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ERIC Number: EJ1102267
Record Type: Journal
Publication Date: 2014
Pages: 8
Abstractor: ERIC
ISSN: EISSN-2379-9021
Digital Music Toys for Young Children: Parents' Review of the "Munchkin Mozart Magic™ Cube"
Costa-Giomi, Eugenia; Hunt, Edward
Texas Music Education Research, p3-10 2014
The purpose of this study is to gather information about caregivers' views of the value of a digital music toy, its musical features, as well as their comments about children's responses to the toy. Instead of asking parents to provide their opinions about a broad category of interactive music toys, the authors selected one of the many toys currently available in the market and searched for adults' voluntary and unguided comments about it online. Of the 700 interactive musical toys listed on, they selected the "Munchkin Mozart Magic™ Cube" because of its popularity, its original interactive music features, and the marketing message that identifies it as providing a solid music foundation for children. The toy is a six-inch cube with a button depicting an instrument on each side: violin, harp, French horn, flute, piano, and the orchestra. Each button plays the performance of each instrument. The orchestra button plays a melody of the five instruments. The repertoire of the toy consists of eight excerpts by Mozart. The authors analyzed the 50 "Munchkin Mozart Magic™ Cube" reviews posted on during a period of three months. The average online rating of the Cube was high (4.5 stars out of 5) with less than 10% of the reviewers rating it below three stars. Most reviewers (90%) commented on the musical characteristics of the toy. They referred to the instruments it presented (21%), the loudness of the music (11%), the quality of sound (47%), and the music selections, style of music, and songs (10%). Most reviewers chose not to describe children's interactions with the toy in detail but stated in broader terms whether their children liked it or liked playing with it. Although most reviewers (83%) commented on children's nonmusical behaviors with the Cube such as liking the toy, playing with its lights, kicking it, dropping it, and sitting on it, fewer elaborated on children's musical behaviors (25%). Those who included references to children's musical behaviors referred to listening (20%) and dancing (5%). Only 15% of the reviews provided any comments related to what children could learn by playing with the Cube. When reviewers commented on the educational outcomes of playing with the toy, they said that children learned or would learn to recognize the instruments (7%) and songs (4%), or acquire nonmusical skills or knowledge such as pressing buttons, colors, and cause and effect (6%). Only one review referred to the creative appeal of the toy as portrayed in the marketing messages. None of the reviews commented on the compositional capabilities of the Cube as described in the company video, and only five included comments about the combinations of instruments afforded by the toy. [Paper presented at the Annual Meeting of the Texas Music Educators Association (San Antonio, TX, Feb 2014).]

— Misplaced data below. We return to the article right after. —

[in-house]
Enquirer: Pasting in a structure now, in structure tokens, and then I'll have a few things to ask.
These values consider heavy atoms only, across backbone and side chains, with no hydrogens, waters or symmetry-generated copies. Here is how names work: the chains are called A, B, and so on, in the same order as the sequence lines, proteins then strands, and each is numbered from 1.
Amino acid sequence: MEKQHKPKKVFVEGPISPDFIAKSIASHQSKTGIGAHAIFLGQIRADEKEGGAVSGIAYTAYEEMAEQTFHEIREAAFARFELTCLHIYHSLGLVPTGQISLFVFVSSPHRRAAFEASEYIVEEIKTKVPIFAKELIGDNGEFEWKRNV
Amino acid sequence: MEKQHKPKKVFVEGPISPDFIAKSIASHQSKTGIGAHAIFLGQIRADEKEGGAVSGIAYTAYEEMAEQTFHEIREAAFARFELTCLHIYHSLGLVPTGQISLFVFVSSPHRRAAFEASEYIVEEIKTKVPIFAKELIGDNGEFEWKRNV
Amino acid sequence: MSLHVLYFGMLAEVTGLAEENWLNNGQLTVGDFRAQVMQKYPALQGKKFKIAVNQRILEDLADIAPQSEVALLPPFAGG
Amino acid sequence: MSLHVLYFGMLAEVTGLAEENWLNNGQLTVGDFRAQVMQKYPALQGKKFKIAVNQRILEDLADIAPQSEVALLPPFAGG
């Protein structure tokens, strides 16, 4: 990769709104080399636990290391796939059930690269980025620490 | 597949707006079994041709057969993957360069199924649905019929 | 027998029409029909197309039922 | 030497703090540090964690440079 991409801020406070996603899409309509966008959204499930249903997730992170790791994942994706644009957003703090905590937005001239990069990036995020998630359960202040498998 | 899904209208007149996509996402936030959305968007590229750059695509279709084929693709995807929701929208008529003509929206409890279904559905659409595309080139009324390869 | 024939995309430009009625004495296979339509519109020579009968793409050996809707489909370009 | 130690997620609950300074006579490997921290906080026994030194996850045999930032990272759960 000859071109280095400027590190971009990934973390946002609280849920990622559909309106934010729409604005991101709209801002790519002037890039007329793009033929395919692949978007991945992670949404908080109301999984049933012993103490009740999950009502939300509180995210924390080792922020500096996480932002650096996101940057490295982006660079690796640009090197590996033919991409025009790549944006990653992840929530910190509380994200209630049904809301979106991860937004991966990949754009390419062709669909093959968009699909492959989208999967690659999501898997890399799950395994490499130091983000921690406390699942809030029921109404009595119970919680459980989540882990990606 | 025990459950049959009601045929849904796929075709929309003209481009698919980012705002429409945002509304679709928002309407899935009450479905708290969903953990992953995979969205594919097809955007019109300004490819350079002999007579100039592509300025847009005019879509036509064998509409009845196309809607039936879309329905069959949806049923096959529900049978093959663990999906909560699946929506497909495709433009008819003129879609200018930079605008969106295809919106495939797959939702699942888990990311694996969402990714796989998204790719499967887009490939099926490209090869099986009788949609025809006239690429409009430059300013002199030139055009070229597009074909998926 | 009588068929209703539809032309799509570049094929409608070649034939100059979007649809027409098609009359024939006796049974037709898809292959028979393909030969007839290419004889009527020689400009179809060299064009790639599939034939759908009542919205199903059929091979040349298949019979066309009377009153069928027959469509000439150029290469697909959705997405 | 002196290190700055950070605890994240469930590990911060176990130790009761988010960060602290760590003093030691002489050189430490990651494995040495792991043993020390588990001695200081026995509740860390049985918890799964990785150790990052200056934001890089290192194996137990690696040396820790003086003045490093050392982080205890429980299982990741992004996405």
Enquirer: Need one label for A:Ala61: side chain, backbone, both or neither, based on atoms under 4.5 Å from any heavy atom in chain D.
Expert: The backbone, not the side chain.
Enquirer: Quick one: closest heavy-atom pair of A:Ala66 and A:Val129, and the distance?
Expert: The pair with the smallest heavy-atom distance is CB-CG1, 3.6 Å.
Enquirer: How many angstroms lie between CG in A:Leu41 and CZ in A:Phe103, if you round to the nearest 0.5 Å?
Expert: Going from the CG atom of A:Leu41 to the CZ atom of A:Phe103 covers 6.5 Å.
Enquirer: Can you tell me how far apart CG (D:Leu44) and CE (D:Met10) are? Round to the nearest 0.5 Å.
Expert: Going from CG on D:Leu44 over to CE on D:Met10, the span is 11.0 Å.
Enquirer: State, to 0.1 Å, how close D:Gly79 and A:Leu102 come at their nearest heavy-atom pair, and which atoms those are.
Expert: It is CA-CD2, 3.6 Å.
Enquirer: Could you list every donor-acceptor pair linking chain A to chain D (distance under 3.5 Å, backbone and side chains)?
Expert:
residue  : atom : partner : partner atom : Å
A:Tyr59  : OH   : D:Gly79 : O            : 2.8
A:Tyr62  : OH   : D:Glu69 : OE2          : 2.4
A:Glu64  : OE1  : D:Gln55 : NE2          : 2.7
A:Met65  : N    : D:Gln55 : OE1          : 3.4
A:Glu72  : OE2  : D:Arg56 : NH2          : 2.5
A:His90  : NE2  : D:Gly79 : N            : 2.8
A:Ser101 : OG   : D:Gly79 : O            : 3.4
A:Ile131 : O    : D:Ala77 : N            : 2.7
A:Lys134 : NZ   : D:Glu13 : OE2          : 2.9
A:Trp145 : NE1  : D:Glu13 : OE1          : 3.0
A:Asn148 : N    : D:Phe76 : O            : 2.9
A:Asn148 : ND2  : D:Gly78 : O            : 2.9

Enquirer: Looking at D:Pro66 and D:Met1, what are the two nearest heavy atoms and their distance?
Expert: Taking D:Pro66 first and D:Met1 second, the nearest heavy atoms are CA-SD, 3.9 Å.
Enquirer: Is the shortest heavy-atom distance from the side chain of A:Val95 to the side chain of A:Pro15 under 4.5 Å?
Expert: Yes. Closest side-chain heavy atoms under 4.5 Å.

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Publication Type: Journal Articles; Reports - Research; Speeches/Meeting Papers
Education Level: N/A
Audience: N/A
Language: English
Sponsor: N/A
Authoring Institution: N/A
Grant or Contract Numbers: N/A